Even as the dialogue and debate over the opiod addiction crisis in America continues unabated, we get word that the Michigan State Police will once again partner with the Drug Enforcement Administration (DEA) and other law enforcement agencies for National Prescription Drug Take-Back Day this weekend.
The Michigan State Police (MSP) are urging residents to discard expired, unused and unwanted pills during National Prescription Drug Take-Back Day this Saturday, one of two annual events held in partnership with the Drug Enforcement Administration (DEA) and other law enforcement agencies.
Col. Kriste Kibbey Etue, Director of the Michigan State Police, says, “Our troopers see daily the devastation caused by opioid and prescription drug abuse, accidental poisonings and overdoses.” She strongly encourages everyone, “Please check your home and get rid of any medications you no longer need.”
All 30 Michigan State Police Posts will participate in the one-day ‘Take-Back’ effort from 10 am to 2 pm this Saturday, October 27th, by serving as drop-off points. All collected pills will be destroyed, with no questions asked. Liquids, inhalers, patches and syringes, however, cannot be accepted.
The state is using every available tool to combat the opioid epidemic. State agencies are collaborating to advance Michigan’s efforts related to fight the crisis. Efforts include:
- Providing online resources for patients, health professionals and communities about prevention and treatment of opioid abuse.
- The Michigan Automated Prescription System provides real-time prescription data and resources to better assess a patient’s risk for substance use disorder.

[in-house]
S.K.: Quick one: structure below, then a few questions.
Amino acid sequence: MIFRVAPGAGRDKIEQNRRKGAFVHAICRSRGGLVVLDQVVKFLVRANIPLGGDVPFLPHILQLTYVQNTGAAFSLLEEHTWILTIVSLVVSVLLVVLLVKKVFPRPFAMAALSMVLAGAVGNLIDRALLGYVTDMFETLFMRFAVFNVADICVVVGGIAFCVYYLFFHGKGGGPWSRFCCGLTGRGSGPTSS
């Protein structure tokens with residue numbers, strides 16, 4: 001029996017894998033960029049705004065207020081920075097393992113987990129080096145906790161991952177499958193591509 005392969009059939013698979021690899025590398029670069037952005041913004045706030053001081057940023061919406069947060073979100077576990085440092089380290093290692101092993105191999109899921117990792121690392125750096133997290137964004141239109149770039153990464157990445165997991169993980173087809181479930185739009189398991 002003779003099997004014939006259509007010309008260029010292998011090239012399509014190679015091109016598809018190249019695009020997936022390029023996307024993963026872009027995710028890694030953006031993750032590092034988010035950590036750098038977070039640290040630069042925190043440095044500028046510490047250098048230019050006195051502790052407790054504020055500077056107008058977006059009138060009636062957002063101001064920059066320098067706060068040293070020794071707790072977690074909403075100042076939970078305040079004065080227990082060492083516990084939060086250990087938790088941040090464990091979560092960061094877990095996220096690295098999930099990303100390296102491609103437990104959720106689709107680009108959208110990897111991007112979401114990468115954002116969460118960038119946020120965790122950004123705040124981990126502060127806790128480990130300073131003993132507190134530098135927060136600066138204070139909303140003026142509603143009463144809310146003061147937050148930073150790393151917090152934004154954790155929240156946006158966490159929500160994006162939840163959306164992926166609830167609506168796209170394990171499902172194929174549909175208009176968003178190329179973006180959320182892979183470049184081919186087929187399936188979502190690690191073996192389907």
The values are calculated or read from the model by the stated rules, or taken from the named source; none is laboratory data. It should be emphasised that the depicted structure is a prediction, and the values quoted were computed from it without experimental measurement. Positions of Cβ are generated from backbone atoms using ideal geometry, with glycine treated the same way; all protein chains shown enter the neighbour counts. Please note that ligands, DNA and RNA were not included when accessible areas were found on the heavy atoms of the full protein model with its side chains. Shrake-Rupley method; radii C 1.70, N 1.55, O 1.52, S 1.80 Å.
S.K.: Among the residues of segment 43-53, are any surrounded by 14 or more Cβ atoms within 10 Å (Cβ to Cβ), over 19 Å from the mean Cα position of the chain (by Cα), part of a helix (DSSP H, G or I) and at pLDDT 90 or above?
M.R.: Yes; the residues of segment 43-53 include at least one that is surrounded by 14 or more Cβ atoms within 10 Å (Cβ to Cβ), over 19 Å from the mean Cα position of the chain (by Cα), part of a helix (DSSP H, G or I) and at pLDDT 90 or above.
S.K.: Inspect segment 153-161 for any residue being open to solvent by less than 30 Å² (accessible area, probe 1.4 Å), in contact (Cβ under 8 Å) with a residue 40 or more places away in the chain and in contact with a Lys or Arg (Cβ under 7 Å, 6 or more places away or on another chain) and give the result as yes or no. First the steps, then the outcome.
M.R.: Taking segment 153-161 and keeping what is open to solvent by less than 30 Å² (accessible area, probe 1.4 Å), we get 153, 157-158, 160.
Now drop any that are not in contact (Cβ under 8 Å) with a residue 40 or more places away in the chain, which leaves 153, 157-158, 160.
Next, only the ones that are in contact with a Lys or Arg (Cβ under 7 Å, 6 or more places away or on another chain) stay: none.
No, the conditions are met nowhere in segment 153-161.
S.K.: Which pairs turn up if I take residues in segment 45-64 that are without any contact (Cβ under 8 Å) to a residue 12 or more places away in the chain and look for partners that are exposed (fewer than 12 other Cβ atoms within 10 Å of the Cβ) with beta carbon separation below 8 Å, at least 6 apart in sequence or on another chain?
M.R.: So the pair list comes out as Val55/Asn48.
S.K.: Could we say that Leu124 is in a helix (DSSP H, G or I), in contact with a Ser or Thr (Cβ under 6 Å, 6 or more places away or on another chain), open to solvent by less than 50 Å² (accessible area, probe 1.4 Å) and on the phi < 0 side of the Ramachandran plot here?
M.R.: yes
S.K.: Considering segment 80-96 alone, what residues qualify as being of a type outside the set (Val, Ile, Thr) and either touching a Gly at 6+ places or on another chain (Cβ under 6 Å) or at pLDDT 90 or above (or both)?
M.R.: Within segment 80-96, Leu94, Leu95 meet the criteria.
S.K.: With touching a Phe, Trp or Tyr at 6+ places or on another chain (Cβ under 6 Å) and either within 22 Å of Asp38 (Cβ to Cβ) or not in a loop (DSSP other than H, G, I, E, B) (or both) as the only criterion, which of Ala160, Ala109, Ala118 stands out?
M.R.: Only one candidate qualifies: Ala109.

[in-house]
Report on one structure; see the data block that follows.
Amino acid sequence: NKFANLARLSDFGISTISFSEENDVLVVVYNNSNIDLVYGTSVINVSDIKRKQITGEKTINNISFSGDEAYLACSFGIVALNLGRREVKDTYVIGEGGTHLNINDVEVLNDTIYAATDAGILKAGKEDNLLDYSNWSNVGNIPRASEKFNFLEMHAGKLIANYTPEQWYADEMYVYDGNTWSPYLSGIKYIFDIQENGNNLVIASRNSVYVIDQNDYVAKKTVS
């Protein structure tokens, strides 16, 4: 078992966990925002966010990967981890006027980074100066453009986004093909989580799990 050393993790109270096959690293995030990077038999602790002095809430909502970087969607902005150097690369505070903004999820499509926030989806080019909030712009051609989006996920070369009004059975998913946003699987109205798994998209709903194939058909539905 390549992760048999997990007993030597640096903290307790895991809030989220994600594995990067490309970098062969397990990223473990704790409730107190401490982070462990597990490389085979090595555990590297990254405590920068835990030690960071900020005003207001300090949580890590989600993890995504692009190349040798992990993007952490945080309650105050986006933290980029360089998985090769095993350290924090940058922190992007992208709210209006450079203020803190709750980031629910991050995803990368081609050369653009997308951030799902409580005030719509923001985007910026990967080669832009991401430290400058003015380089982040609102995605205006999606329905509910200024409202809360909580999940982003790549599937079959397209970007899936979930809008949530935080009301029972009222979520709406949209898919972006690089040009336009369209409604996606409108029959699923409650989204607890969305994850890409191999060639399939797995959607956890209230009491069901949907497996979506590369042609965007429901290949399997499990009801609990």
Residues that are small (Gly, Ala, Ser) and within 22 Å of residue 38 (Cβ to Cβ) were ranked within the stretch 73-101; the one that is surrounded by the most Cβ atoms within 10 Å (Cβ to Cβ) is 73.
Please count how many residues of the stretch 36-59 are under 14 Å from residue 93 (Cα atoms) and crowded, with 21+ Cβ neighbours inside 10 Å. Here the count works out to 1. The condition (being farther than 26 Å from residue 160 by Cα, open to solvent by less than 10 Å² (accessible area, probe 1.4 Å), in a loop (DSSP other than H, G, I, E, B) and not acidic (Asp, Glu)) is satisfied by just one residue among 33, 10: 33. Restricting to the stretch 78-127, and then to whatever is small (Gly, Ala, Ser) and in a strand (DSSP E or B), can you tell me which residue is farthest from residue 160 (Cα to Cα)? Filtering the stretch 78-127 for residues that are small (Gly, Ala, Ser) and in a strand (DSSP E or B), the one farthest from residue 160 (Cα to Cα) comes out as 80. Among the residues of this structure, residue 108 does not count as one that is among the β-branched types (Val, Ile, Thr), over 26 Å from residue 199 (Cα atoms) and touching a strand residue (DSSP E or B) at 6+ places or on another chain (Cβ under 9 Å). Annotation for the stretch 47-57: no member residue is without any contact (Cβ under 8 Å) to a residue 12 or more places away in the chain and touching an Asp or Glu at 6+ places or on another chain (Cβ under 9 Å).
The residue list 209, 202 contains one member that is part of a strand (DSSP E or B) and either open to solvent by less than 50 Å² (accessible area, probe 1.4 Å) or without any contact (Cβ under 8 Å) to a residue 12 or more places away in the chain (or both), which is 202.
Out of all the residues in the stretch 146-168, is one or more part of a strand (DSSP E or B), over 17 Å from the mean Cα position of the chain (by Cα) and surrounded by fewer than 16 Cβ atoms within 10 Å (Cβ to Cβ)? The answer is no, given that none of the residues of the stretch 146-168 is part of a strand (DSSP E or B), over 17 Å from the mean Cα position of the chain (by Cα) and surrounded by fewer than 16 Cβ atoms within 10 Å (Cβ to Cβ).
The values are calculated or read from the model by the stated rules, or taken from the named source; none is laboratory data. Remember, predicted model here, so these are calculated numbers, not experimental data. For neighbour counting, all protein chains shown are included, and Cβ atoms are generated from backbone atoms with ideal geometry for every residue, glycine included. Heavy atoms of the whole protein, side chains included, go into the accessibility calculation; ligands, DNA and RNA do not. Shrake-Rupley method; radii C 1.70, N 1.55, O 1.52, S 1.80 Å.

- Michigan State Police posts serve as drug take-back sites and provide the Angel Program for individuals struggling with addiction.
- Many State of Michigan agencies, communities and businesses throughout the state help with proper drug disposal of unwanted medications; and
- Issuing a standing order in May 2017 to pre-authorize the distribution of naloxone by pharmacists to those at risk of an opioid-related overdose, as well as family members, friends and other persons who may be able to assist a person at risk of overdose. Naloxone is a fast-acting, potentially life-saving medication that reverses opioid overdose.
Opioid Addiction Awareness Week efforts can be followed on social media using the hashtag #MIOpioidsAwareness.
National Prescription Drug Take-Back Day is held twice a year, in April and October. During the April 2018 effort, state police posts collected roughly 966 pounds of prescription drugs.
Studies show that a majority of abused prescription drugs are obtained from family and friends, including from the home medicine cabinet. Further, disposing of unused medicines by flushing them down the toilet or throwing them in the trash can pose safety and health hazards.
Michigan State Police collection sites can be found at the link below, and additional collection sites across the state can be found by going to www.dea.gov. Here’s the state police post list:
Anyone who is unable to participate on National Prescription Drug Take-Back Day can anonymously surrender their prescription drugs at any state police post, Monday through Friday from 8 am to 4 pm, excluding holidays.